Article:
Dear Savvy Senior: What can you tell me about ethical wills? My wife and I had to make some minor adjustments to our legal will last month, and our attorney suggested we create an ethical will as a way to explain our intentions and express our thoughts and feelings. We are interested in doing this, but could use some help. What can you tell me?
Dear Planning: An ethical will can be a valuable complement to your legal will, as well as a wonderful gift to your family or other loved ones. Here's what you should know along with some tips to help you make one.
Unlike a last will and testament, which tells your loved ones (and the legal world) what you want them to have, an ethical will (which is not a legal document) tells them what you want them to know.
With an ethical will, you can share with your loved ones your feelings, wishes, regrets, gratitude and advice, as well as explain the elements in your legal will, give information about the money and possessions you're passing on and anything else you want to communicate.
Usually no more than a few pages, the process of writing an ethical will can actually be quite satisfying. But be careful that you don't contradict any aspects of your legal will or estate plan.
And, if you're having trouble with the writing, there are professional ethical will writers you can hire to help you, or you can speak your wishes into a voice recorder or have someone video record you.
Where To Start
To craft an ethical will, start by jotting down some notes about what's really important to you and what you want your loved ones to know. Take your time, and remember that you're not trying to write for the Pulitzer Prize. The letter is a gift of yourself, written for those you love.
After you've gathered your thoughts, you can start drafting your letter. You can also revise or rewrite it anytime you want. And for safekeeping, keep your ethical will with your other legal documents in a secure location, but be sure your executor has access to it. A safe-deposit box or fireproof filing cabinet or safe in your home is a good choice.
If you need some help, there are lots of resources available like ethicalwill.com which offers practical information, examples of ethical wills and lots of materials you can purchase to help you put one together, including the second edition of "Ethical Wills: Putting Your Values on Paper" by Barry Baines, M.D for $16.
Another good resource is Personal Legacy Advisors, a company that offers coaching, editing, writing and/or audio or video recording ethical wills. Prices will vary depending on the services you choose. They also sell a do-it-yourself guidebook "The Wealth of Your Life: A Step-by-Step Guide for Creating Your Ethical Will" by Susan Turnbull for $20.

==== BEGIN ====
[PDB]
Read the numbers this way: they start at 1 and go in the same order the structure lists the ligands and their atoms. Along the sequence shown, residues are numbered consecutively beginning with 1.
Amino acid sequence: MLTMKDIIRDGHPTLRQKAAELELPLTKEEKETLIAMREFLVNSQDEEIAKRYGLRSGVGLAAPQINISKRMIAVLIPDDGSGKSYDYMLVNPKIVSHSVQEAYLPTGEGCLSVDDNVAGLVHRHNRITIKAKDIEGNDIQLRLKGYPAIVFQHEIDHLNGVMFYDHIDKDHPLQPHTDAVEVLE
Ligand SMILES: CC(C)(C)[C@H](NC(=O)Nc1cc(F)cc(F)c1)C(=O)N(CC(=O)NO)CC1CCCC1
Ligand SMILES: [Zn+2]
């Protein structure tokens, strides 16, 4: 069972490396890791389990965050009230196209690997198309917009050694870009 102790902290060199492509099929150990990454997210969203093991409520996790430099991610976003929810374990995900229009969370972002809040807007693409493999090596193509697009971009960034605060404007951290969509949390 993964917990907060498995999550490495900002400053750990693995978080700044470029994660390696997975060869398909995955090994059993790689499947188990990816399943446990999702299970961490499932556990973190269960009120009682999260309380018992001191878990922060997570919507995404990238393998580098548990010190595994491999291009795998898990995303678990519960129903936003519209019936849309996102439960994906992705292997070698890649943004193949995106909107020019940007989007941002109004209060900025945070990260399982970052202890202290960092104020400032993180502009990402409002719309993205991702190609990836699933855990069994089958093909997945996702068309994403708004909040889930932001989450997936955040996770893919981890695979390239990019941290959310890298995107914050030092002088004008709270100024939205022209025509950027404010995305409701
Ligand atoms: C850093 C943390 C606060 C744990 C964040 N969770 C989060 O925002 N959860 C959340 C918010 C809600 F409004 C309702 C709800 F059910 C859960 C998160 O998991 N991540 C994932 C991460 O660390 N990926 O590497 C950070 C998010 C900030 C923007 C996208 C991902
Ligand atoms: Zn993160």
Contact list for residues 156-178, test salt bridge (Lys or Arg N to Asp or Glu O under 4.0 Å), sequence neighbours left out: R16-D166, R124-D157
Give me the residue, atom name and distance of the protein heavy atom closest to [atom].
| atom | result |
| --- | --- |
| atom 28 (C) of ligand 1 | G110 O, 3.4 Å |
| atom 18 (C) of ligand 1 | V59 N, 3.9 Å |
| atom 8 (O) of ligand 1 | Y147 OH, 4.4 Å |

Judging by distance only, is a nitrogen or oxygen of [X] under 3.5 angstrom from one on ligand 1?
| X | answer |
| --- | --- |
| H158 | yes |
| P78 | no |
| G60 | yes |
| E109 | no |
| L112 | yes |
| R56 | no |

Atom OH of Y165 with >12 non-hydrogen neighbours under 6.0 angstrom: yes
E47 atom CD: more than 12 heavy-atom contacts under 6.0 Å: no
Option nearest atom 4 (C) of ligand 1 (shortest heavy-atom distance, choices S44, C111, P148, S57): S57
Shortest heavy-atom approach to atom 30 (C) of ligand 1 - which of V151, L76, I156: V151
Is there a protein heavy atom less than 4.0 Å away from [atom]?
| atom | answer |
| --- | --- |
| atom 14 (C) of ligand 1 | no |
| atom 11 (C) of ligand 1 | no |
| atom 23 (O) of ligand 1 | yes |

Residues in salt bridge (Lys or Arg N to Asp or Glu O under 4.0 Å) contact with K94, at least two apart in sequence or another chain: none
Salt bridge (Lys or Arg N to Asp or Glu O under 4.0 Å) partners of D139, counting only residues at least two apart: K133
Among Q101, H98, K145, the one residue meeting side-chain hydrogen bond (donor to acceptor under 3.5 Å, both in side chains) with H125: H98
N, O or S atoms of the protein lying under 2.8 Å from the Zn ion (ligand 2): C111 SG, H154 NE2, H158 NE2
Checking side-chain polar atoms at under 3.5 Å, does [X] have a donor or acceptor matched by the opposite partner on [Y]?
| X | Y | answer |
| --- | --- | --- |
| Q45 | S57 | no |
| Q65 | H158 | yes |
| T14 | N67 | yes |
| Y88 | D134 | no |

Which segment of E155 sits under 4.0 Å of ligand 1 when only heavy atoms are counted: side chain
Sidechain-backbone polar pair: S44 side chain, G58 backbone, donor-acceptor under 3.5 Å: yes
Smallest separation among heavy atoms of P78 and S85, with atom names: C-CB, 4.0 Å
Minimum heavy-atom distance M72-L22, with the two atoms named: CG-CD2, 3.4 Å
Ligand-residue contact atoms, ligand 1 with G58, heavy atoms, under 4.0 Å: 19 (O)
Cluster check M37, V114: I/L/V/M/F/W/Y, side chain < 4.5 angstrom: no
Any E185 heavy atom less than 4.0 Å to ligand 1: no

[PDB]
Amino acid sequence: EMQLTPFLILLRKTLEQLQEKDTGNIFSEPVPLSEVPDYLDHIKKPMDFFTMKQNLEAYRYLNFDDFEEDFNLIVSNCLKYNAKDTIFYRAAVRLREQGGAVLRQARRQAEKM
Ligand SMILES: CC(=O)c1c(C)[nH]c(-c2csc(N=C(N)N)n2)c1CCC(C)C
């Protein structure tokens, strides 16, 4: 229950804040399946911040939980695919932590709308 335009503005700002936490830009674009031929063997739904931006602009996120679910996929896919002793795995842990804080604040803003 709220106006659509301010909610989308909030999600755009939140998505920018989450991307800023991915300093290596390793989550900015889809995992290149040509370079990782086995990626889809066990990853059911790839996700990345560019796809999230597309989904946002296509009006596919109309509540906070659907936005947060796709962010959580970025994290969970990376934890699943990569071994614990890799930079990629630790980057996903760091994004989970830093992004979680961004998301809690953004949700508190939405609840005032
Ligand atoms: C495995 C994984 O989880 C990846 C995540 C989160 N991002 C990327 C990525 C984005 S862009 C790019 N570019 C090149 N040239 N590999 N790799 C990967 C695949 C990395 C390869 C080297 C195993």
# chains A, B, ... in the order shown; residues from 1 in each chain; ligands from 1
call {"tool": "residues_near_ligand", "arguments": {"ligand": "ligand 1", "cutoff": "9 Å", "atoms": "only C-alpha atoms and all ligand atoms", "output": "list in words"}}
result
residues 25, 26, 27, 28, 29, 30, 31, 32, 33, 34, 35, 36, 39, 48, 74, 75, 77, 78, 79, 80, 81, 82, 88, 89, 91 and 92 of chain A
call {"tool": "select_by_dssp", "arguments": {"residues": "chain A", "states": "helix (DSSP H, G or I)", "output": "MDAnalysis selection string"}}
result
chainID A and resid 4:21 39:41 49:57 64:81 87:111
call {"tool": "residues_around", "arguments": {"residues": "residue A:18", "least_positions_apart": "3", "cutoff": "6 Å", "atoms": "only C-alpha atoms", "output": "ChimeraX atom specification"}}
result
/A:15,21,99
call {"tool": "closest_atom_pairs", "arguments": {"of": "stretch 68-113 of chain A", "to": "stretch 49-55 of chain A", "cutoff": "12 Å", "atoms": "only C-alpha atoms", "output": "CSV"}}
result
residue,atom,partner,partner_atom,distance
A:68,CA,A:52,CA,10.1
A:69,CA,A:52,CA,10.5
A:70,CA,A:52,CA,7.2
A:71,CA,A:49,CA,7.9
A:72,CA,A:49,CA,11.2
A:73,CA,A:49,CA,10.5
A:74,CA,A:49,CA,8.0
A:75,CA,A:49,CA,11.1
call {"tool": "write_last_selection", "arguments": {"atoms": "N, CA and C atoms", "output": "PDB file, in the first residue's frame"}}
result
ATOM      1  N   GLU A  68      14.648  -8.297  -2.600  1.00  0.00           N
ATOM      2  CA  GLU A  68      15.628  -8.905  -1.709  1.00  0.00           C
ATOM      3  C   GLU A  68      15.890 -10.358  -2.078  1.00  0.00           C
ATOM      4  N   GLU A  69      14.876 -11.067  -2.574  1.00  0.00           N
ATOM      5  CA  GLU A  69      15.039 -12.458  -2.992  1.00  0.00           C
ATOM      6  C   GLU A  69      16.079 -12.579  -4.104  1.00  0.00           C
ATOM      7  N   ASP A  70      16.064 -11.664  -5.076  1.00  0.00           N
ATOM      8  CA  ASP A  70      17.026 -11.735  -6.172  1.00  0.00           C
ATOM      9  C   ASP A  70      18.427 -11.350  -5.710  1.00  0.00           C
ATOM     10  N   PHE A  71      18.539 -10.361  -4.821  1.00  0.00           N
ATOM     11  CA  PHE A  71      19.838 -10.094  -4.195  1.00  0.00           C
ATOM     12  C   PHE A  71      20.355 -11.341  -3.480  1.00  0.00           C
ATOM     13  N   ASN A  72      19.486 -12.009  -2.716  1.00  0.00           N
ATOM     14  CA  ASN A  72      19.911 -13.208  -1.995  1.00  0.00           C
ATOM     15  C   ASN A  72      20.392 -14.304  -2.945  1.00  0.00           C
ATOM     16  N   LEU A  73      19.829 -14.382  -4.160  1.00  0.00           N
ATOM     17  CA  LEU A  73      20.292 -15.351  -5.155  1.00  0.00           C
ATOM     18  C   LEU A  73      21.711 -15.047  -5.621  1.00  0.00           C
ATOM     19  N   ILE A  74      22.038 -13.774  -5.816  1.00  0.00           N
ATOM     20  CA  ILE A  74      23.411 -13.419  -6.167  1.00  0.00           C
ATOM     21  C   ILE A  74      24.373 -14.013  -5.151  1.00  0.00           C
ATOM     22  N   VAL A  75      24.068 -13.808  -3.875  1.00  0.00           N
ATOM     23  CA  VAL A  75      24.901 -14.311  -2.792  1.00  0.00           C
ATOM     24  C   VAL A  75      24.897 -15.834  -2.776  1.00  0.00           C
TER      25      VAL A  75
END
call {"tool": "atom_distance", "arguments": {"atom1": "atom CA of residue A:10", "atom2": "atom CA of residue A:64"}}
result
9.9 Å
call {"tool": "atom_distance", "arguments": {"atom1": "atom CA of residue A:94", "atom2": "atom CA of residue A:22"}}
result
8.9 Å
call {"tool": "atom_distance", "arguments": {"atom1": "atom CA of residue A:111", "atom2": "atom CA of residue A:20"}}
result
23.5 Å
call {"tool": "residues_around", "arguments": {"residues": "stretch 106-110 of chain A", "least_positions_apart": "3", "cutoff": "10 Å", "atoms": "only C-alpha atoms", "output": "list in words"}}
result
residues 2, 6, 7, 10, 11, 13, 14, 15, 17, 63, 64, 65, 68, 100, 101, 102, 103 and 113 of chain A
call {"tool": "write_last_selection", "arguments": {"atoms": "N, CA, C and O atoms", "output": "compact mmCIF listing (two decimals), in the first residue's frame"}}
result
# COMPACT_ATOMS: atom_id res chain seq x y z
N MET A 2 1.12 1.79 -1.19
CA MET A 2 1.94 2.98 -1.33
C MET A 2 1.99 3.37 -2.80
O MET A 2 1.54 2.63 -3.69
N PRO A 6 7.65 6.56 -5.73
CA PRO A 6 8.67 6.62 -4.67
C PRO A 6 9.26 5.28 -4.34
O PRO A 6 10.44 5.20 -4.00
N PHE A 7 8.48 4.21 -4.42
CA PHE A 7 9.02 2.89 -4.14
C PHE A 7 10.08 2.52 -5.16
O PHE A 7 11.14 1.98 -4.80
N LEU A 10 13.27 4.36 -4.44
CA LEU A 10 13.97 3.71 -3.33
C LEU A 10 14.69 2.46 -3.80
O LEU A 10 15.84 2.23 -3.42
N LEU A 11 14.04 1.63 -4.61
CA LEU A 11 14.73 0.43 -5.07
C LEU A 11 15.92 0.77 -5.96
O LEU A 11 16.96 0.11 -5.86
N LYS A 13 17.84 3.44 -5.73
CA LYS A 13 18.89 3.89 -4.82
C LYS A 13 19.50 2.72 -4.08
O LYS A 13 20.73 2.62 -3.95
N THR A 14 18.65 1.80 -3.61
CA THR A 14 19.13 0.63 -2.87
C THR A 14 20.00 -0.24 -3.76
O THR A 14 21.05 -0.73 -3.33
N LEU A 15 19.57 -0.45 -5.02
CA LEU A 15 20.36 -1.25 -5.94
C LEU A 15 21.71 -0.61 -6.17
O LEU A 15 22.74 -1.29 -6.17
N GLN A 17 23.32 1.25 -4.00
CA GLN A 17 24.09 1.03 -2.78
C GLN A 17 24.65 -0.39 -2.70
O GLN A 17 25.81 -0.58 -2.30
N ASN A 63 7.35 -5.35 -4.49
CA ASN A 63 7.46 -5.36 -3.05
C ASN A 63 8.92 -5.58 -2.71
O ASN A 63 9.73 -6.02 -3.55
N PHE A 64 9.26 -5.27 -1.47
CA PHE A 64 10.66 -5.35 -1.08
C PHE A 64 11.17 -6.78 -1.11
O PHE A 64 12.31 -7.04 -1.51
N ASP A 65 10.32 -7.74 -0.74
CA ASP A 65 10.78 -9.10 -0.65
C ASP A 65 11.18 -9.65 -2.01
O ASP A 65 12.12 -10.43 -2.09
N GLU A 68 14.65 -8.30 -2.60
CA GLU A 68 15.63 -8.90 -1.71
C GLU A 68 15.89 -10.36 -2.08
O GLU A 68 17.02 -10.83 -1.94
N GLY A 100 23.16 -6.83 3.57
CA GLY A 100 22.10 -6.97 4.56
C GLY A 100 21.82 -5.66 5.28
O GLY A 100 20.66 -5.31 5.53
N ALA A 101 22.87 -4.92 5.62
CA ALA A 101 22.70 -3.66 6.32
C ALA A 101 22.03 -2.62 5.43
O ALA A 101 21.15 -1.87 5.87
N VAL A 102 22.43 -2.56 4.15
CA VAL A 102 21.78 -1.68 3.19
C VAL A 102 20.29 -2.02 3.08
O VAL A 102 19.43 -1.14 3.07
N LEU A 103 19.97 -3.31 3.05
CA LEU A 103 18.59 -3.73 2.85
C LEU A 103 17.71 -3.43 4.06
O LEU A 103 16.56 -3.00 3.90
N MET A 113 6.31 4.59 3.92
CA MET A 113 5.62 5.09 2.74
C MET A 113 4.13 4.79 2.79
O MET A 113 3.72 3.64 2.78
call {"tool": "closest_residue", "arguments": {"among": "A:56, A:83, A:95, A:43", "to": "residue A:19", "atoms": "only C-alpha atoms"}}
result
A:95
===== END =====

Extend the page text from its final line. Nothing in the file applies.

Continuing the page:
You can also find help through the Association of Personal Historians. This is a trade association that offers a nationwide directory of professionals who can help you create an ethical will, memoir or a personal history.
You also need to know that many people choose to share their ethical will with their family and friends while they're still living so they can enjoy their reactions, while others think it should be read after their death. It's up to you.
(Check out the slideshow below for the what baby boomers say they most want to pass on to their heirs, according to a study by Allianz Life.)
86 percent of Boomers say family stories are very important for keeping my family history and memories alive; 74 percent of Elders agree.
75 percent of Boomers say it's extremely important that future generations remember their parents and what mattered to them; only 53 percent of elders agree.
64 percent of Boomers agree that personal possessions are very important for keeping my family history alive; only 58 percent of elders agree.
84 percent of Boomers say it's very important that parents have living wills or instructions if they are terminally ill or permanently unconscious; 82 percent of elders agree.
63 percent of Boomers say "it's none of my business what my parents plan to do with their inheritance;" only 39 percent of elders agree.
43 percent of Boomers say it's their responsibility to start a conversation with parents about their legacy; 78 percent of elders say the responsibility belongs to them.
18 percent of Boomers say that adult children with a greater financial need should receive a greater share of inheritance; 23 percent of elders agree.
10 percent of Boomers agree that adult children who share their parents' core values and beliefs should receive a larger inheritance; 15 percent of elders agree.
8 percent of Boomers agree that adult children who have more dependents should receive a greater share of inheritance; 10 percent of elders agree.
7 percent of Boomers agree that adult children who are more financially responsible should receive a greater share of inheritance; 11 percent of elders agree.
54 percent of Boomers agree that if an adult child cares for a parent, they should receive a greater share of the inheritance; 64 percent of elders agree.
35 percent of Boomers agree that adult children who have caused family conflict or who have treated the family with disrespect should receive a smaller share of inheritance; 34 percent of elders agree.
Send your senior questions to: Savvy Senior, P.O. Box 5443, Norman, OK 73070, or visit SavvySenior.org. Jim Miller is a contributor to the NBC Today show and author of "The Savvy Senior" book.